Hong Kong stocks declined from a three-month high on concerns the run-up may be overdone amid debates about the strength of economic recovery in China and the US.
The Hang Seng Index retreated 0.6 per cent to 29,297.62 at the close. The benchmark on Tuesday reached the highest level since March 3, as it attempted to break out from a 200-point trading band. China’s Shanghai Composite Index slid 0.8 per cent.
Chinese technology stocks that rallied hard earlier this week surrendered some of their gains as the Hang Seng Tech Index lost almost 1 per cent. Meituan dropped 0.4 per cent to HK$311.80, halting an 18 per cent rally in the previous two days.
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Alibaba Group Holding, the owner of this newspaper, sank 1.7 per cent to HK$214.40 while its unit Alibaba Health Information Technology lost 1.6 per cent to HK$19.40. WuXi Biologics tumbled 3.8 per cent to HK$120.90.
Traders are looking for fresh catalysts that can help further propel the Hang Seng Index after the gauge’s 55 members added US$53.3 billion in market value in April and May, amid tentative signs of recovery momentum in mainland China and Hong Kong economy and the risks of inflation and policy tightening.
“There’s an increasing chance that Hong Kong stocks will be due for a correction in June to follow the trend on US stocks,” said Cheng Jiawei, an analyst at Guosen Securities. A market pullback may be in store, given concerns about Fed tapering and higher interest rates, he added.
The S&P 500 index and the Nasdaq composite index both slipped 0.1 per cent in overnight trading. US manufacturing activity picked up in May, the Institute for Supply Management said on Tuesday, beating estimates. Federal Reserve Governor Lael Brainard said there are risks on both sides of monetary policy as the economy surges ahead while millions of people are unemployed.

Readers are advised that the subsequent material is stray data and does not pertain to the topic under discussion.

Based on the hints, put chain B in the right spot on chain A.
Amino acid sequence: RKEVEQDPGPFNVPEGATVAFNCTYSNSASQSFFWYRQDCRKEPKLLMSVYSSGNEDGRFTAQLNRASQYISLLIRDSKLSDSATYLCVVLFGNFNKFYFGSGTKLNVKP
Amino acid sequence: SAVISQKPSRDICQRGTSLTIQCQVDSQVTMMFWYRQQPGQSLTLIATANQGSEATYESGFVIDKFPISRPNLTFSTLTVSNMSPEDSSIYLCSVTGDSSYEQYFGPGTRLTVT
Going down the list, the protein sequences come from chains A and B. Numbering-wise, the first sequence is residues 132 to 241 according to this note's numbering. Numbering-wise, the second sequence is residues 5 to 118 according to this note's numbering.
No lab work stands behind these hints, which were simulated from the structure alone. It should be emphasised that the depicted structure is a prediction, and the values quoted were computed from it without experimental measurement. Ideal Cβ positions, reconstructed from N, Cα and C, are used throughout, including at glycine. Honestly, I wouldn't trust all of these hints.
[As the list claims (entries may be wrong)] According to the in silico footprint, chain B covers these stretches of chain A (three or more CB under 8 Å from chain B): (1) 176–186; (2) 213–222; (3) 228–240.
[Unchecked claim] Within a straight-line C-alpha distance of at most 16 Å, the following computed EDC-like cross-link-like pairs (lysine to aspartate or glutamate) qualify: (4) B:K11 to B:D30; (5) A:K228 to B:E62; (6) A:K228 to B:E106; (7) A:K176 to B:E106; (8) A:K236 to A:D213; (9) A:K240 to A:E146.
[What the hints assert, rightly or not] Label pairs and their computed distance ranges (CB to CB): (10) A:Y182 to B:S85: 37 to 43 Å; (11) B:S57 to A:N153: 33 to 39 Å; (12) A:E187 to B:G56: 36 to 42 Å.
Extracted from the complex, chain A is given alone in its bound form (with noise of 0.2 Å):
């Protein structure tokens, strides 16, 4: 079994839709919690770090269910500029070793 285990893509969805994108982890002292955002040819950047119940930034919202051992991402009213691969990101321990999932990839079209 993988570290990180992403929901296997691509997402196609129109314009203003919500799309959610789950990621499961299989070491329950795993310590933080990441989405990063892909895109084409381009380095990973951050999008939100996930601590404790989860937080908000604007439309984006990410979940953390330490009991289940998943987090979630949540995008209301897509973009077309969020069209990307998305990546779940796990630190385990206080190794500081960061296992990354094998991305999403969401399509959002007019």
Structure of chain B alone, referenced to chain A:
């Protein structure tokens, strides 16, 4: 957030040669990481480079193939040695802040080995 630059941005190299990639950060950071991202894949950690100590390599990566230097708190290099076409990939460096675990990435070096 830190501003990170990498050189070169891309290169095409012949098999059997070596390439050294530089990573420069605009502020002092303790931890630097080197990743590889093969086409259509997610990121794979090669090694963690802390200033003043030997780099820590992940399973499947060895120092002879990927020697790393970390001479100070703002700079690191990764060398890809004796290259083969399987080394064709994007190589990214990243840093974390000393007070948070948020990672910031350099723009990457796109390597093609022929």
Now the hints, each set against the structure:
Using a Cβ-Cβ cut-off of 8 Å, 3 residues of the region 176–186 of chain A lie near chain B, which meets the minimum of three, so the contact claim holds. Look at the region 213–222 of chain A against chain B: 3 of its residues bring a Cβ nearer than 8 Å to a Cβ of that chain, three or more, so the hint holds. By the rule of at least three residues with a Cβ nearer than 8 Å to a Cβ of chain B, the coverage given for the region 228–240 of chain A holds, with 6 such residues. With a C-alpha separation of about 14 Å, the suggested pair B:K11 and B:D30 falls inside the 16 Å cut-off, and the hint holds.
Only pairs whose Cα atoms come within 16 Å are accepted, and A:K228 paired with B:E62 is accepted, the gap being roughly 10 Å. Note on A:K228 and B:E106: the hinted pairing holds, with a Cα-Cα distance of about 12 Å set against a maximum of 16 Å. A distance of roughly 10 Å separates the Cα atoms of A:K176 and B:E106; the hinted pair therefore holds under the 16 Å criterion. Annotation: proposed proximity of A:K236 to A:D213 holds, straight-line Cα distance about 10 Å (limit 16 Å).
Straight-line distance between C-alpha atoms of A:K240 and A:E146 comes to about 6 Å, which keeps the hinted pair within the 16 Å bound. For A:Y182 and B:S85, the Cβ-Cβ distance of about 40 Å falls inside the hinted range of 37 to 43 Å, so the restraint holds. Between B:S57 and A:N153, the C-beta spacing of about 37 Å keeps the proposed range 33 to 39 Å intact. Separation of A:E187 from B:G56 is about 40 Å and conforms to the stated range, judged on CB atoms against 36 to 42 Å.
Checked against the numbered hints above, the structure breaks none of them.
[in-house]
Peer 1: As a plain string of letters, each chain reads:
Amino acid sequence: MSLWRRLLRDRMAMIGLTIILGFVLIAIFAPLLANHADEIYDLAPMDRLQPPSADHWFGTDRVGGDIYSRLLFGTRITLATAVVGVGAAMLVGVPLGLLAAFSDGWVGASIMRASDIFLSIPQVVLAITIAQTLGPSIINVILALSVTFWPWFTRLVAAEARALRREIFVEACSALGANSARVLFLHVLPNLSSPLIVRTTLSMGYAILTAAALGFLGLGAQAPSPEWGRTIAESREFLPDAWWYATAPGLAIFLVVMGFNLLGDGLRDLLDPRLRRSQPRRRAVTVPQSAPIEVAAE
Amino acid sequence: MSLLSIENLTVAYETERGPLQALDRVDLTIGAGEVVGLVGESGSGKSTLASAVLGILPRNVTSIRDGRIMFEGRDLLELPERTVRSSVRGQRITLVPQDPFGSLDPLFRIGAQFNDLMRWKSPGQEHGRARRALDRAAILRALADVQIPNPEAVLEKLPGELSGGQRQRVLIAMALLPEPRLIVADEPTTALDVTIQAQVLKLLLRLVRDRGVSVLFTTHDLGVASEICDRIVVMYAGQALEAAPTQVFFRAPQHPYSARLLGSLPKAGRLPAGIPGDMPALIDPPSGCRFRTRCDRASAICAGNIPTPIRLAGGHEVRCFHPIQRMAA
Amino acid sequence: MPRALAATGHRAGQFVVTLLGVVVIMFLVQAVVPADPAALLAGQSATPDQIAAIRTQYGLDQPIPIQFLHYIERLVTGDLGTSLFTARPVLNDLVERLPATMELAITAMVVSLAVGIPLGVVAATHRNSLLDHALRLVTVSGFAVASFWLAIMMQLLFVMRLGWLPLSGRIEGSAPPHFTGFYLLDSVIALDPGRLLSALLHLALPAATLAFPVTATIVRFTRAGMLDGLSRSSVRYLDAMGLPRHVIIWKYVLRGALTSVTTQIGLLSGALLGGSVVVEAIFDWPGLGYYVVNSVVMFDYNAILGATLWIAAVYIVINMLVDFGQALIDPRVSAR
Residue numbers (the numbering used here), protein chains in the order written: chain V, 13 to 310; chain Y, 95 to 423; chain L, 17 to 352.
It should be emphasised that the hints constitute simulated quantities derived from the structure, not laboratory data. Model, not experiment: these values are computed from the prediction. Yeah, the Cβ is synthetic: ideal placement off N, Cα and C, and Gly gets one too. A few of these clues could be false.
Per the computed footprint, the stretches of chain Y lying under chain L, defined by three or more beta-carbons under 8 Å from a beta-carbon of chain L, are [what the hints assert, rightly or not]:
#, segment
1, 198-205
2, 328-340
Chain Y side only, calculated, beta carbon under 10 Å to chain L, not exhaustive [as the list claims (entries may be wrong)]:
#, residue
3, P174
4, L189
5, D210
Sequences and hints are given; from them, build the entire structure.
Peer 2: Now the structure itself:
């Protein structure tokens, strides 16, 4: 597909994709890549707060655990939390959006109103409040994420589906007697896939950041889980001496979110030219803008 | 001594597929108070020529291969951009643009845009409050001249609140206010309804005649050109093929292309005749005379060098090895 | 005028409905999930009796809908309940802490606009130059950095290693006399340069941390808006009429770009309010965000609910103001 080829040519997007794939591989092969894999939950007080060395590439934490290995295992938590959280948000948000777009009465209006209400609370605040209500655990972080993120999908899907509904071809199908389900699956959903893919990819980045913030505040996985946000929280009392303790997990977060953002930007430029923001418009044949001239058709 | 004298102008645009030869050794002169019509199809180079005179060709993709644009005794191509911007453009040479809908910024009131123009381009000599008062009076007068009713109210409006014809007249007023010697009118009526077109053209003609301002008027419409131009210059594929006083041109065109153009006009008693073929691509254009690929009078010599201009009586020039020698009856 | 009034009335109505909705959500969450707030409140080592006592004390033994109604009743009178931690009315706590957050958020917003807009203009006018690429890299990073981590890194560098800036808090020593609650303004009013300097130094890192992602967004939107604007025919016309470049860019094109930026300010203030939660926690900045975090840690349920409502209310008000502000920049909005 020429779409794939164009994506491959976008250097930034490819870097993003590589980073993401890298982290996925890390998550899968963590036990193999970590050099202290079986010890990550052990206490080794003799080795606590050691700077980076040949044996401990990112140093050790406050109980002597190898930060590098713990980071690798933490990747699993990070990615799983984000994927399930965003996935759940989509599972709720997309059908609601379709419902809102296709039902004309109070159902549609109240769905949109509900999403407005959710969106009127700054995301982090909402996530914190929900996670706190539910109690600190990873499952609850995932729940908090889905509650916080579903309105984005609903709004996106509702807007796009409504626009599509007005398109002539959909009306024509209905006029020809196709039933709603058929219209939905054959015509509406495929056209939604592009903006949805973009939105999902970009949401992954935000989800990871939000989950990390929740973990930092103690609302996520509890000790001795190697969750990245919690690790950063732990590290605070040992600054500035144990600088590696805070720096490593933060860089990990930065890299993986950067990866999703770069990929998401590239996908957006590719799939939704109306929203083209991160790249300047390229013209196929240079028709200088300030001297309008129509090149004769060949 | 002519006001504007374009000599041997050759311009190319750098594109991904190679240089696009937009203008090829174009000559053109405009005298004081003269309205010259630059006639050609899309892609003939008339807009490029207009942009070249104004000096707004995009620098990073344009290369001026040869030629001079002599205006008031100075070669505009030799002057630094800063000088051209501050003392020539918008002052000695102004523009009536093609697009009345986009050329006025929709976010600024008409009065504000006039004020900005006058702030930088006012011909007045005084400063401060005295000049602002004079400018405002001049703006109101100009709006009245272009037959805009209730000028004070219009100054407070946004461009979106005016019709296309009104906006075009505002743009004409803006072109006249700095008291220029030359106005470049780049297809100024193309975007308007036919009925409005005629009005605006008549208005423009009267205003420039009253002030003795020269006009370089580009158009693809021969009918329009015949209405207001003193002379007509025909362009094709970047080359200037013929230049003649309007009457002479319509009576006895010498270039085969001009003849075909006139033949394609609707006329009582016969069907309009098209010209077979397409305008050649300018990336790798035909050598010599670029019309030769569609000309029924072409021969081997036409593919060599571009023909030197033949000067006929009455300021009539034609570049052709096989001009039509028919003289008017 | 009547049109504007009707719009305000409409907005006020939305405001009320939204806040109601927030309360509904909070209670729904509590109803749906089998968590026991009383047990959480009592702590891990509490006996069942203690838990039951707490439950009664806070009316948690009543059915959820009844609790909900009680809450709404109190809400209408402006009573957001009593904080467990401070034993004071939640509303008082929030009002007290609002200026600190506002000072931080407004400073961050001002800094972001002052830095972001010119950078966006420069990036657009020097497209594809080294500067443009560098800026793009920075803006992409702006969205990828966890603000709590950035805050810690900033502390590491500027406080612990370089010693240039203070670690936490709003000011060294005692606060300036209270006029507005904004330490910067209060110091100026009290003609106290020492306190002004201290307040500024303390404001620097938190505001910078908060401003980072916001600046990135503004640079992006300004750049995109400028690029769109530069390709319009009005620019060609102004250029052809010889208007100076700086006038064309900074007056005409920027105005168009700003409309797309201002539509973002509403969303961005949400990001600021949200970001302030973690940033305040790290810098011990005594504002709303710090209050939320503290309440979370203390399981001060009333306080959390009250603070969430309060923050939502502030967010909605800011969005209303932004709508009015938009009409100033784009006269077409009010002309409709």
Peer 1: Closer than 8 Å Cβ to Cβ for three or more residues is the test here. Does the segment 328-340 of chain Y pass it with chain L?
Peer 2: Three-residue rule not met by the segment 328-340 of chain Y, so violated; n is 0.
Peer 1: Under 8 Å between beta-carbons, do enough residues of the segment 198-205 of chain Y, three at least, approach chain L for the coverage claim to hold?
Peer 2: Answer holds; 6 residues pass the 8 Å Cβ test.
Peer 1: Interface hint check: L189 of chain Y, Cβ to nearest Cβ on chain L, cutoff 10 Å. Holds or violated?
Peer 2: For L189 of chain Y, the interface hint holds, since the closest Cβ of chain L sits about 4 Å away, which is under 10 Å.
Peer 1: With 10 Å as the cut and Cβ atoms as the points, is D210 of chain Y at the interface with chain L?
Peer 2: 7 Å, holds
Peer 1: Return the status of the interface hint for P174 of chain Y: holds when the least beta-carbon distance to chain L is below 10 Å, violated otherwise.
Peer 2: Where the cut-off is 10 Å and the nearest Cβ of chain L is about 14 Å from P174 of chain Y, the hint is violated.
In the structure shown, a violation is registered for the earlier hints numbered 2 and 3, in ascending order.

US non-farm payrolls report is due on Friday, which will shed light on how resilient the recovery at the world’s largest economy from the pandemic. China is also expected to release a raft of economic data for May in the coming weeks after two purchasing managers’ indexes showed a mixed picture of the manufacturing industry.
Evergrande Property Services Group tumbled by a record 13 per cent to HK$9.78 for its lowest close since January, after an unidentified seller placed out 270 million shares at a 12 per cent discount, after a six-month lock-up period expired on Tuesday.
Next Digital, publisher of the Apple Daily in Hong Kong, jumped 67 per cent to HK$0.355. The city’s national security arm on Tuesday blocked jailed founder Jimmy Lai Chee-ying from exercising the voting power on the media tycoon’s 71 per cent stake after earlier freezing his assets.
Two companies made their debuts on the Shenzhen exchange, rising by at least six folds from the initial public offering prices. Ningbo Fangzheng Automobile Mould surged 644 per cent to 44.80 yuan and Huanlejia Food Group, a drink maker, jumped 528 per cent to 31 yuan.
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